Sunday, April 12, 2015
11 Tips to Spring Clean Your Finances
1. Organize Bank Accounts
Streamline your online statements and bill payments. Toss out old statements and checks, then consolidate your accounts at one or two institutions. If you've moved or found better service and rates at another bank, you might have left some cash behind in an old account. Close them out and move your money to where it will work for you, before bank fees throw you into overdraft status.
2. Review Investments and Retirement Planning
Update beneficiaries. Re-balance and consolidate accounts. Move old 401(k) accounts into one at your present place of employment or move them into a self-directed IRA through such mutual-fund companies as Fidelity or T. Rowe Price.
3. Clear Up Debt
Get over that holiday hangover by wiping Christmas debt off the books. Credit cards carry the highest interest rates, so they're the first debts you should tackle. Then, try to buy gifts throughout the year to avoid end-of-year purchasing binges, or commit to budgeting more effectively come November.
4. Slash Your Spending
Once you're on track to reduce your debt, cultivate good spending habits to ensure you're not paying down debt again next year. Use coupons where you can, and buy gift cards at a discount from such sites as GiftCardGranny to save instantly on gifts and everyday purchases.
5. Adjust Tax Withholdings
If you're receiving a big tax refund this year, you're not withholding enough money from your monthly paycheck or quarterly payment. Don't let the government play with your cash all year; Make it work for you now. Use the IRS's Publication 15 as a guide.
6. Review Monthly Bills
Look for areas you can trim. You can save up to $50 per month by simply canceling your movie channels. It's a lot cheaper to download or stream films, and you'll have access to your favorites much faster. Or you might just read more books.
7. Organize for 2015 Taxes
Instead of tossing all your receipts into one shoebox, set up a filing system to separate health-care forms, travel records, 401(k) contributions, etc.
8. Meet With a Financial Expert
Get some professional help to go through your IRA, 401(k) and 529 College Savings Plans to understand where all your money is going and whether it's working for you. The Wall Street Journal offers some good advice on how to select a financial adviser.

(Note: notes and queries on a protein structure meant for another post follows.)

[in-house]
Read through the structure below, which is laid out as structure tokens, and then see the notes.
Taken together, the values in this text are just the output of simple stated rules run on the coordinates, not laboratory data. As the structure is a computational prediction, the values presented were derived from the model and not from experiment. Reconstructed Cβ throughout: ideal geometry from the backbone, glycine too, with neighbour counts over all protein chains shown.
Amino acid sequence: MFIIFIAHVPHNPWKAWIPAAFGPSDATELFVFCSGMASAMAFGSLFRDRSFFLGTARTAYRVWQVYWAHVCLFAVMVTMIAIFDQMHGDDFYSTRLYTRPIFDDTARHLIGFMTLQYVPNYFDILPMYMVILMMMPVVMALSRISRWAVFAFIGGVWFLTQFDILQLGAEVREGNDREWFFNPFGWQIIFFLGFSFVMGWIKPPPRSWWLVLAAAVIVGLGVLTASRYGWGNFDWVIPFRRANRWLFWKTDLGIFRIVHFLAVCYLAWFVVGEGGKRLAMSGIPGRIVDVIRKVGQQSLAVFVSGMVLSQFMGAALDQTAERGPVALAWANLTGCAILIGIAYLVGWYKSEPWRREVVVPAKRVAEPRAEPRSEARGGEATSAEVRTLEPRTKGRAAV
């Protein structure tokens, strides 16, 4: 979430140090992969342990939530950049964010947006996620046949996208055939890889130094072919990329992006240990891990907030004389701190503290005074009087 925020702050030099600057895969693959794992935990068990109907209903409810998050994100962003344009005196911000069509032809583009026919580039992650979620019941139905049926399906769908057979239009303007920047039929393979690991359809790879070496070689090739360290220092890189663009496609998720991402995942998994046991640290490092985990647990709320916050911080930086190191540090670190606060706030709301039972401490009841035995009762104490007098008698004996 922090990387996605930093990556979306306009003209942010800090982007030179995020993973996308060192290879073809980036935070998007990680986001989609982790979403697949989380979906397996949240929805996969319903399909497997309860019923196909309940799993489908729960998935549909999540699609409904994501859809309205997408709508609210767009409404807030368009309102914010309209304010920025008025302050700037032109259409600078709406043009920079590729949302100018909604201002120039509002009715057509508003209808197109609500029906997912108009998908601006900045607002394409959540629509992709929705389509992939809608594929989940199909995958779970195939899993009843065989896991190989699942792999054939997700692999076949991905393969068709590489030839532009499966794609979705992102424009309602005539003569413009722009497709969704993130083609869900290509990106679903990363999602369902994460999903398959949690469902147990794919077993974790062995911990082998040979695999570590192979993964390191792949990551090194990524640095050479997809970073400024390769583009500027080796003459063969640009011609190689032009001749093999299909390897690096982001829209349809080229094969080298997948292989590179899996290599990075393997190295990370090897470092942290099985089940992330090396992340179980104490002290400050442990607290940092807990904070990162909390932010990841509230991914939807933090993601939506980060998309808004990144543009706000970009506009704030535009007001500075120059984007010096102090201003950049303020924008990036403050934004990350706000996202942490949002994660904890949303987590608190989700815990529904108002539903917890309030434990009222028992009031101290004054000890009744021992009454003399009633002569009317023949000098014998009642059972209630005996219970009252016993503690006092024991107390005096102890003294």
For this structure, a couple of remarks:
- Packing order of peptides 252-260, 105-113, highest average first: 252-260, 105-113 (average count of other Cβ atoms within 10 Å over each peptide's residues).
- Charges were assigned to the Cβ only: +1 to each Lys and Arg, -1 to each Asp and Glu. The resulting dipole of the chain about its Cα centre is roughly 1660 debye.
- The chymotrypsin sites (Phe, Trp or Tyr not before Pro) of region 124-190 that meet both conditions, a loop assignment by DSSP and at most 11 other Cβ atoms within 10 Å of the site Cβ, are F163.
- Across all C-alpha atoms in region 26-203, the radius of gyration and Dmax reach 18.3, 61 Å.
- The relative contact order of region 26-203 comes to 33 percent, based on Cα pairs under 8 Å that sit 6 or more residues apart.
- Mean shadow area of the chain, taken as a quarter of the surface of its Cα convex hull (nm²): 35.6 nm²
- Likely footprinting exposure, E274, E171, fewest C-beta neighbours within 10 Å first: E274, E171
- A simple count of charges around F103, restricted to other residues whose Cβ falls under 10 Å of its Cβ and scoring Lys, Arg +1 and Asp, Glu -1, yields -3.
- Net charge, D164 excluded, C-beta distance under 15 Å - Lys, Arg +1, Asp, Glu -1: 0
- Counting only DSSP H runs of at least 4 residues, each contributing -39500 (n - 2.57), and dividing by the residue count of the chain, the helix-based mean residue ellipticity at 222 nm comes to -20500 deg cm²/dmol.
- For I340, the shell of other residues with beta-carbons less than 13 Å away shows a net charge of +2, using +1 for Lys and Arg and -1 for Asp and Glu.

9. Review Your Budget
Even if your income hasn't changed, spring is a good time to look over your budget and see if it still works for you. Or, if you've put off creating a budget, now is the time to establish where you'll spend your money and how much you can sock away for the future. Kiplinger has an easy budget form to get your started.
10. Address Estate Planning
Create or update your will or trust. Look into setting up a living will and power of attorney, should the unthinkable happen. Destroy old documents so there's no confusion when you're gone.
11. Update Insurance Policies
Call around or surf the Net for new quotes on car, home and life insurance policies. Update the beneficiaries on your life insurance. Rates have gone down of late, so you may be paying much more than you should.
Andrea Woroch is a nationally-recognized consumer and money-saving expert who helps consumers live on less without radically changing their lifestyles. From smart spending tips to personal finance advice, Andrea transforms everyday consumers into savvy shoppers. She has been featured among top news outlets such as Good Morning America, NBC's Today, MSNBC, New York Times, Kiplinger Personal Finance, CNNMoney and many more. You can follow her on Twitter for daily savings advice and tips.